JooRi Jun, a naturopathic physician from Port Townsend, started Monday as executive director at the Volunteer Hospice of Clallam County. (Jesse Major/Peninsula Daily News)

JooRi Jun, a naturopathic physician from Port Townsend, started Monday as executive director at the Volunteer Hospice of Clallam County. (Jesse Major/Peninsula Daily News)

A growing need: Volunteer hospice expands, adds director

PORT ANGELES — Volunteer Hospice of Clallam County has hired an executive director — after years of not having one — and is now settling into a building in Port Angeles amid unprecedented growth of the organization.

The Volunteer Hospice of Clallam County (VHOCC) board selected JooRi Jun, a naturopathic physician from Port Townsend, to lead the organization and Monday was her first day on the job.

“I feel really aligned with Rose Crumb’s founding vision and mission for the organization: to provide compassionate care for the terminally ill, their families and caregivers,” Jun said.

“I will always stay aligned and close with that mission and I know the organization has been doing that well. I hope to make sure we keep doing that.”

Crumb, who died at the age of 92 in December, founded VHOCC in 1978. Since then the organization has helped terminally ill Clallam County residents at no cost to them, their families or the government.

“I’ve always been drawn to service and that stems from a broader call to healing,” Jun said, adding she has always been interested in the intersection between medicine and spirituality. “With death work, I have always felt that end of life piece was good for exploring that intersection.”

Jun previously worked as a clinical spiritual caregiver at Harborview Medical Center in Seattle, where she worked with patients and families facing end of life.

Most recently she worked as a director of programs at the Olympic Community of Health, an organization with the purpose of facilitating health care improvements in Clallam, Jefferson and Kitsap counties.

Jun, who started work Monday, said she is eager to learn more about the organization and to join as the VHOCC moves from its office on Eighth and Albert streets to its new building at 829 E. Eighth St.

“The main message I’d like the community to hear … is how excited I am to be in this position, to continue to provide this service for the community and to thank [the community] for their continuing generous assistance,” Jun said.

Jun is the first executive director VHOCC has had since 2013, when the board decided to part ways with the previous director. Since then, many of the “big picture” responsibilities were handled by board members, said Dr. Ed Hopfner and honorary board member who had previously chaired the board.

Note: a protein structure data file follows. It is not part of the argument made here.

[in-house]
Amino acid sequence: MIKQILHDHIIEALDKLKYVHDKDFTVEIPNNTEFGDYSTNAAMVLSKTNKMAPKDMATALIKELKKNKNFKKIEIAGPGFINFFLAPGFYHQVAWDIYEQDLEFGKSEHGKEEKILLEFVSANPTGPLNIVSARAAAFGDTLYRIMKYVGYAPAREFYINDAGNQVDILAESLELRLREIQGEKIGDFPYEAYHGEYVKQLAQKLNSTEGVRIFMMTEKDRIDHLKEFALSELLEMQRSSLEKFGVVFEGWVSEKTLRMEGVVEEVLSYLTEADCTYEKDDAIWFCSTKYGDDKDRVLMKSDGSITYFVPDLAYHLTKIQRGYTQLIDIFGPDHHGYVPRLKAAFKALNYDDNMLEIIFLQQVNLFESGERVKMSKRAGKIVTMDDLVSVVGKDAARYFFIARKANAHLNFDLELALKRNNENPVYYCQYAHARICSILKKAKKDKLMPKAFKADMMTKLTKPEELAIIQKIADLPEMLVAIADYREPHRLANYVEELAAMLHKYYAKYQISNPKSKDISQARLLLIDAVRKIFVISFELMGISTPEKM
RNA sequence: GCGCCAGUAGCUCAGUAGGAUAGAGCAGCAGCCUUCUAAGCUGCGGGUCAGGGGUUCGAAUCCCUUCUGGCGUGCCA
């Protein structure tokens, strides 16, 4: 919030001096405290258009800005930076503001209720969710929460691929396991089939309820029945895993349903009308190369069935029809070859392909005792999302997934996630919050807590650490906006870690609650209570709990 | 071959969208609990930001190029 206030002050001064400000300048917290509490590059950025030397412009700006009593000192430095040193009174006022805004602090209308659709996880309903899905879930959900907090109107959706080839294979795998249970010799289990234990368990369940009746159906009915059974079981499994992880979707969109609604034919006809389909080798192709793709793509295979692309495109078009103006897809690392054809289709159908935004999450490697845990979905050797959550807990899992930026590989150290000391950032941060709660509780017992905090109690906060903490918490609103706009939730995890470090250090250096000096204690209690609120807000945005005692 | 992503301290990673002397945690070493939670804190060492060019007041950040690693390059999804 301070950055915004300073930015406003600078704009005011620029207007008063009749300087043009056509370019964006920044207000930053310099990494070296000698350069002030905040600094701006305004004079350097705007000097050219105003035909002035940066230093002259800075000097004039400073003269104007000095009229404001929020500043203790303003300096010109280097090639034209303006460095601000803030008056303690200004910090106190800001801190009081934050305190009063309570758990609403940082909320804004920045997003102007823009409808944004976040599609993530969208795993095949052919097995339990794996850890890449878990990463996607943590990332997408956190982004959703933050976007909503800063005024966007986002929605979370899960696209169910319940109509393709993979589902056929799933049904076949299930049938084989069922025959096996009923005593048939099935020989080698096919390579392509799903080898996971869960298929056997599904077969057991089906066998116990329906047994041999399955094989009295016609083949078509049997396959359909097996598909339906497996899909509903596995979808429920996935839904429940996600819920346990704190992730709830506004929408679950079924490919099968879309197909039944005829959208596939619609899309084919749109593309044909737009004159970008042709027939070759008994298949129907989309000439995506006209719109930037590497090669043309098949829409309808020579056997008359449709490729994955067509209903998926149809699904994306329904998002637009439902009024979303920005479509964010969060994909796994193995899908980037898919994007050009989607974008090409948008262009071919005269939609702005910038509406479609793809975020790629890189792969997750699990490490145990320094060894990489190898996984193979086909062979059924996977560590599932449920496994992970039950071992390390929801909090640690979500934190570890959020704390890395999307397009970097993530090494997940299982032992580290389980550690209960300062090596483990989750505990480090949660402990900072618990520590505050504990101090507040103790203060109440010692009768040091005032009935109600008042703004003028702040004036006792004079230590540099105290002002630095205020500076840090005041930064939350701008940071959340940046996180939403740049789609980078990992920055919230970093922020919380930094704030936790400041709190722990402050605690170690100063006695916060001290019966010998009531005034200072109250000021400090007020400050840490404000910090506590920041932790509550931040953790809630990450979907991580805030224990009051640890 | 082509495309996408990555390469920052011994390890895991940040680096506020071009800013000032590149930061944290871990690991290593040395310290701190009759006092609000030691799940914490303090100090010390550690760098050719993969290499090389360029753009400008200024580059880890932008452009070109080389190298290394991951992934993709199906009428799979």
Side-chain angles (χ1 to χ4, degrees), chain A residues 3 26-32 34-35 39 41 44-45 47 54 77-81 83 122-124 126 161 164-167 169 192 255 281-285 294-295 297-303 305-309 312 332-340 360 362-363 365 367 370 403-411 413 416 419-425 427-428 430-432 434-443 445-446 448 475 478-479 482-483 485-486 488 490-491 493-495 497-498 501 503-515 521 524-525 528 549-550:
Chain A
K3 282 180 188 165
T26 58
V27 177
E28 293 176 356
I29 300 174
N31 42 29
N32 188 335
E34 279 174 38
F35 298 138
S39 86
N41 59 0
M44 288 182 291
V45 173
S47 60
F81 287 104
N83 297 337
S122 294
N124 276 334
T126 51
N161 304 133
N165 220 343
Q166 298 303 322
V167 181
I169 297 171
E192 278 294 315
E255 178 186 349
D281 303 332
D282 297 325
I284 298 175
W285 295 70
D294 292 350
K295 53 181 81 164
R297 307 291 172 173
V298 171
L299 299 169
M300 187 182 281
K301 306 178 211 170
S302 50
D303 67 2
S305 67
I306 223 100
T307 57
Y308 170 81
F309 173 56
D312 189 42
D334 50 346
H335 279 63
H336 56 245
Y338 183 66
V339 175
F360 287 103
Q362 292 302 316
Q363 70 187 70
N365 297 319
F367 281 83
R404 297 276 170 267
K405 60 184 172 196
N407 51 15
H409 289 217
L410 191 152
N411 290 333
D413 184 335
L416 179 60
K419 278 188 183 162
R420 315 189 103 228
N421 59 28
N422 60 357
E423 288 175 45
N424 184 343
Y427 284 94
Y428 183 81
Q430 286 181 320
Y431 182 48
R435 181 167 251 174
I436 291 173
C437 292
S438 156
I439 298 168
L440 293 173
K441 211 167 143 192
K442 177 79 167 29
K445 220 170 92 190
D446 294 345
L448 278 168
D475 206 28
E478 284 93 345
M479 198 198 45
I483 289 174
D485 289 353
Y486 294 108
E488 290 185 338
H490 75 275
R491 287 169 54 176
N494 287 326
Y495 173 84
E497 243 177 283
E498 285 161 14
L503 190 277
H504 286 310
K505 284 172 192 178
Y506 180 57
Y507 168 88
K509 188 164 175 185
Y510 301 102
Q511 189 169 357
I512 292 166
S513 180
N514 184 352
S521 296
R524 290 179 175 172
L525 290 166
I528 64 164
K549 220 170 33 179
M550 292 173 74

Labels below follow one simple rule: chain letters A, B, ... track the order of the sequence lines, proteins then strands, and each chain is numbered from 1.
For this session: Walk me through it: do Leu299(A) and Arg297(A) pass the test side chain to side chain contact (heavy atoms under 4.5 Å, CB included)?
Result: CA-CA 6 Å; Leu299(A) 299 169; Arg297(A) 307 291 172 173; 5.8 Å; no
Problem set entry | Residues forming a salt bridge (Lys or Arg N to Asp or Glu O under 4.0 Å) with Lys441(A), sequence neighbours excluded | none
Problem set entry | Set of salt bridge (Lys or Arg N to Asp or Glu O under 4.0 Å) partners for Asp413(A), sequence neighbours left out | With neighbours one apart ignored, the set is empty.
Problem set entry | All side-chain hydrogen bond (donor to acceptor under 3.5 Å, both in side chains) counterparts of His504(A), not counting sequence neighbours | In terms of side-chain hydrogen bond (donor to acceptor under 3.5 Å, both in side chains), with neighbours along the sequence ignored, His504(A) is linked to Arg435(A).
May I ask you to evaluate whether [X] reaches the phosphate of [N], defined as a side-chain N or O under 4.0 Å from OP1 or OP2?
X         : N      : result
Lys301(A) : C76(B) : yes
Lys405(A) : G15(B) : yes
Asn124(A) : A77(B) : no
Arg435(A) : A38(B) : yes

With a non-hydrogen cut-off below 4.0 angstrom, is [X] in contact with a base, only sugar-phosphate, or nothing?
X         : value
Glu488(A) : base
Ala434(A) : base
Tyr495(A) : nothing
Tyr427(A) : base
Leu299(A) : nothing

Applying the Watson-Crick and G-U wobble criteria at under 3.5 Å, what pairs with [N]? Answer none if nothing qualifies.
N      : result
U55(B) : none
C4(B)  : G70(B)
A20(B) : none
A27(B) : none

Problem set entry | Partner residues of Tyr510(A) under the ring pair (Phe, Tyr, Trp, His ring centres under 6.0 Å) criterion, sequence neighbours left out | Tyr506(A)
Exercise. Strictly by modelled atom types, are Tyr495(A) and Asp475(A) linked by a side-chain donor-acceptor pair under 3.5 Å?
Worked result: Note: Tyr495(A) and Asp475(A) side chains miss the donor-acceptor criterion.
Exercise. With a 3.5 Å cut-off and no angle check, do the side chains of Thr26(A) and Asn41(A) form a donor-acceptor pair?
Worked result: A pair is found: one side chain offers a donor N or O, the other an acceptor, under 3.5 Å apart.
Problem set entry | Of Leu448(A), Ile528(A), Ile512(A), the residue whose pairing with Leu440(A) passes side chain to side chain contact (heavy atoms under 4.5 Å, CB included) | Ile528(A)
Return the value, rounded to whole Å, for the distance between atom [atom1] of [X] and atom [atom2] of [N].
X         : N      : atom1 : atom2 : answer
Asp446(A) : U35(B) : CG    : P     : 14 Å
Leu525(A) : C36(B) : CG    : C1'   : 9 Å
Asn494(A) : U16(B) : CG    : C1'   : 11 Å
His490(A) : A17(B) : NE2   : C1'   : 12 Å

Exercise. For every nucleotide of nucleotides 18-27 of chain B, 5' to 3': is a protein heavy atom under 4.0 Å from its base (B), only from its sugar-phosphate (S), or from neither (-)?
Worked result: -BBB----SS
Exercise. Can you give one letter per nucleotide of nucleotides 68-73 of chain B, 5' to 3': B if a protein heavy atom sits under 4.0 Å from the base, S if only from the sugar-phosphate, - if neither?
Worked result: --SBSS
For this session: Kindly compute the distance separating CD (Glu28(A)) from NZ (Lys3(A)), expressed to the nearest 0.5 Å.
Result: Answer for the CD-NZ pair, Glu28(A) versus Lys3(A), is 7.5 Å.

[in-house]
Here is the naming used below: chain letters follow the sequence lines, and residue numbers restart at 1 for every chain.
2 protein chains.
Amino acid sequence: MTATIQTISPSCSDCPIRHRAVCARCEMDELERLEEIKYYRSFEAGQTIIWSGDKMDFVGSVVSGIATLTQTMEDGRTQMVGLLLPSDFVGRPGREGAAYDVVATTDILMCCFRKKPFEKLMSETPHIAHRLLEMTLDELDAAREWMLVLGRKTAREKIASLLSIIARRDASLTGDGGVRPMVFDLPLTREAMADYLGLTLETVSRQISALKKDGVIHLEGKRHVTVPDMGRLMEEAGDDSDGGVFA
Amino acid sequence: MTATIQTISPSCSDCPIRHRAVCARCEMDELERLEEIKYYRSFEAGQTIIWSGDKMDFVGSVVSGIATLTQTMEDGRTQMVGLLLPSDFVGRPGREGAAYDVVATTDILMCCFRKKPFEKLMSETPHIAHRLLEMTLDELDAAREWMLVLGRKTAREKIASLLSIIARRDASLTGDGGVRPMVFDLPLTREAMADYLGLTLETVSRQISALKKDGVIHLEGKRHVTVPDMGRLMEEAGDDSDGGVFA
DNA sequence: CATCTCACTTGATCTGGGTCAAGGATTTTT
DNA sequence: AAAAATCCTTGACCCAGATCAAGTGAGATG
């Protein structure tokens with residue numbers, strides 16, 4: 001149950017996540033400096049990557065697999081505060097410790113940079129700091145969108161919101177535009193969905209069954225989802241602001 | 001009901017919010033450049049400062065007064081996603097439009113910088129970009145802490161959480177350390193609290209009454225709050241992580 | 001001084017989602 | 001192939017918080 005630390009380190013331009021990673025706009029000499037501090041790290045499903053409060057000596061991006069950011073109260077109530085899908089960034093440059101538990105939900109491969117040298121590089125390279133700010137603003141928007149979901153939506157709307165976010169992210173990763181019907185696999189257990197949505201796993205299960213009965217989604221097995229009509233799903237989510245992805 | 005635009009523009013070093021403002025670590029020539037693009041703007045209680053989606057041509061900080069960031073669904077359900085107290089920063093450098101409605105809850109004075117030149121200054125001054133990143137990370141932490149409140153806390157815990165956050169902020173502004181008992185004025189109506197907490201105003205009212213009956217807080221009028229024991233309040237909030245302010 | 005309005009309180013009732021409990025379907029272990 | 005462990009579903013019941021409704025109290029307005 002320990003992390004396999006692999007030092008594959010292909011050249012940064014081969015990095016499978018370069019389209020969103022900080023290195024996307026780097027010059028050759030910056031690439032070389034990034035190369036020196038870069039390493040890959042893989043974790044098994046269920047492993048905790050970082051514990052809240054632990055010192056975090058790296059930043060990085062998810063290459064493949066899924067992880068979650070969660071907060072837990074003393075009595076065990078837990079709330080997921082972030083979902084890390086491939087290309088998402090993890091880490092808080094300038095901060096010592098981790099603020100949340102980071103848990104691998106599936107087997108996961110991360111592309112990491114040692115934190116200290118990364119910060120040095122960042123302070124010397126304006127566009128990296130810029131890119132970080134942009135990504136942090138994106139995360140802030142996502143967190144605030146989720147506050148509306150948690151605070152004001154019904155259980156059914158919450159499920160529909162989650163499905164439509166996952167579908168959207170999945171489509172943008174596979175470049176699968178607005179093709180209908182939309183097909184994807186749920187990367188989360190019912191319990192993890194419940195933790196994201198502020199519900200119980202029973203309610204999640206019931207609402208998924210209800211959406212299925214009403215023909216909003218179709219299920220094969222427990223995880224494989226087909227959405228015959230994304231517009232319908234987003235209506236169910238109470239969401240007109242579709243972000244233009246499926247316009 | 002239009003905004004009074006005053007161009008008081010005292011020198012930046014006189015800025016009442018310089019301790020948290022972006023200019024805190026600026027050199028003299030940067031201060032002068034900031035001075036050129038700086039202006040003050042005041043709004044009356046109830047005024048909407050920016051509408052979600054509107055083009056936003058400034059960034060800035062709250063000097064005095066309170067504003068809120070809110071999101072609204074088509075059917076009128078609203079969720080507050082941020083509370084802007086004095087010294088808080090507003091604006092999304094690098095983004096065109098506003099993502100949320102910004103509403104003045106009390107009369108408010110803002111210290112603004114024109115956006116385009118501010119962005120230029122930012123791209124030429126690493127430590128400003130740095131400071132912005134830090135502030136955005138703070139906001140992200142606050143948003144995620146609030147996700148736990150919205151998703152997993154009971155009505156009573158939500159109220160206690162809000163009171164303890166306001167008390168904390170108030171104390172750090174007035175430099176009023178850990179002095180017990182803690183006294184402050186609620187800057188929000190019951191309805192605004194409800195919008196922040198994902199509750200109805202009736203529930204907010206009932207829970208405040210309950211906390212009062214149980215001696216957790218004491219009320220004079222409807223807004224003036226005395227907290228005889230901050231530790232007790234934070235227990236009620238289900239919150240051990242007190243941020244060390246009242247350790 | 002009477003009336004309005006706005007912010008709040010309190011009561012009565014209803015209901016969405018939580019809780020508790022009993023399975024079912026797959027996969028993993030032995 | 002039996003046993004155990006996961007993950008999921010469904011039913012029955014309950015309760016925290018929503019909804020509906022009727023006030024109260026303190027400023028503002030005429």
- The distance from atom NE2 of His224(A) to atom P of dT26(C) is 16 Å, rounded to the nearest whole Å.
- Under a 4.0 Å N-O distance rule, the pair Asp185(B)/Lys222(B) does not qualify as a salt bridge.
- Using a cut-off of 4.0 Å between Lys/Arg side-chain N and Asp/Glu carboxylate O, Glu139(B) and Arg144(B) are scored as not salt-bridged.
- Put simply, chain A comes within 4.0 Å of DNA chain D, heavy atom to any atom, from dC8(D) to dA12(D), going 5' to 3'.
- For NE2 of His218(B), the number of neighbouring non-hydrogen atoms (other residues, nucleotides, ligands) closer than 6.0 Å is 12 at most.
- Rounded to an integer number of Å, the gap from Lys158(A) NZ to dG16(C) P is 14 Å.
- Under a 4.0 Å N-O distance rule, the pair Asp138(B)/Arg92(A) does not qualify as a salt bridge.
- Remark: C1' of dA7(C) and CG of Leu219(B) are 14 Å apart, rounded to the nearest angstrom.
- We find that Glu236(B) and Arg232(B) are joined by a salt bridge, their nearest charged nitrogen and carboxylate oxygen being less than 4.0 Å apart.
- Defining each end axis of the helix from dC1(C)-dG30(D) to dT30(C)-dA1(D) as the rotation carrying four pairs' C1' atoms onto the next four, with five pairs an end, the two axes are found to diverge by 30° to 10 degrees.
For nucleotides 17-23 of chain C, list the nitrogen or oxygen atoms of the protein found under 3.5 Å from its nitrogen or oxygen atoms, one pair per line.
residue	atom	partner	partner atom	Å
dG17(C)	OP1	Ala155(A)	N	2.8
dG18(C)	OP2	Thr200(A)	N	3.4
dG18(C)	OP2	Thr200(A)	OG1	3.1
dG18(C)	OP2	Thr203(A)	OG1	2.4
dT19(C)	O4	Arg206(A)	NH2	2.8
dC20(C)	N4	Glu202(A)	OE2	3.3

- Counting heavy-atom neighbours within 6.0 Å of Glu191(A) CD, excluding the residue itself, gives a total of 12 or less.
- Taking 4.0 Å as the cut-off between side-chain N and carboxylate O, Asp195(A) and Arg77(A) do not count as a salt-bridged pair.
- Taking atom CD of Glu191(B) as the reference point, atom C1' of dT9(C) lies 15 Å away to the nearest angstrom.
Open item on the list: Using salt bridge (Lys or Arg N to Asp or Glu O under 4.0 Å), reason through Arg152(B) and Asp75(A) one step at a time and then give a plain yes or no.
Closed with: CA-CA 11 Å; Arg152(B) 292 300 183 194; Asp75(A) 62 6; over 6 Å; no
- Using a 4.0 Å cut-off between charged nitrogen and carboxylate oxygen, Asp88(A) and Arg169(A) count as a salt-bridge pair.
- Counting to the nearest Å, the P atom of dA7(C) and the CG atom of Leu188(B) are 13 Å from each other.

But also since that time, the number of patients seen each month has doubled. Hopfner recalled the organization serving 60 to 70 patients each month in 2013, while VHOCC now sees 130 to 140 patients each month. About 188 volunteers who help keep the organization afloat.

“More patients, more nurses, more respite volunteers,” Hopfner said. “We’re expanding very rapidly.

“It’s really become difficult for a board to manage all the activities going on and the idea of an executive director has been brought up over and over and over again.”

Hopfner said it isn’t clear just yet what all of Jun’s responsibilities will be, but she’ll lead the organization as it prepares for the future.

The organization has historically operated on a tight budget — about $400,000 in 2017 — but is preparing a budget of upward of $1 million for the coming year, Hopfner said, primarily due to the increase in staff needed to address the growing needs.

As the budget has grown, VHOCC has relied on donations and private grants, and the residents of Clallam County have been more than willing to help out.

Volunteer Hospice’s endowment fund has grown from about $2 million in 2013 to $11 to $12 million now, Hopfner said, adding the earnings from that fund are helping pay for the new construction. VHOCC also had received a $250,000 estate donation that has offset the costs.

Meanwhile, VHOCC has managed to provide end-of-life care without accepting Medicare reimbursements, which Hopfner said has allowed the organization to keep the budget relatively small and provide a better quality of care.

“Federal funding usually comes attached not with strings, but with ropes,” Hopfner said, adding that not taking those funds allows VHOCC to be flexible. “The community has been extremely generous.”

Offices already have been moved into the new building, but construction is still underway for additional storage space. By moving from the former 1,500-square-foot building, VHOCC is more than doubling its space. The new building is 3,700-square-feet.

Once the construction is complete, VHOCC will be able to expand its lending closet, said Astrid Raffinpeyloz, volunteer services manager.

“Because we do not take Medicare reimbursements, we are able to offer something that perhaps is very small, but is very significant and helpful to the community: our lending closet,” Raffinpeyloz said.

“We lend that equipment to anyone in the community. You don’t have to be in hospice to borrow something from us.”

The current storage area is packed full of medical supplies. The supplies are so closely packed that it’s difficult to get to what may actually be needed.

“Our move is geared to help take more donations and serve more people,” she said.

________

Reporter Jesse Major can be reached at 360-452-2345, ext. 56250, or at [email protected].

Astrid Raffinpeyloz, volunteer services manager for Volunteer Hospice of Clallam County, adjusts portable toilets Wednesday morning. (Jesse Major/Peninsula Daily News)

Astrid Raffinpeyloz, volunteer services manager for Volunteer Hospice of Clallam County, adjusts portable toilets Wednesday morning. (Jesse Major/Peninsula Daily News)

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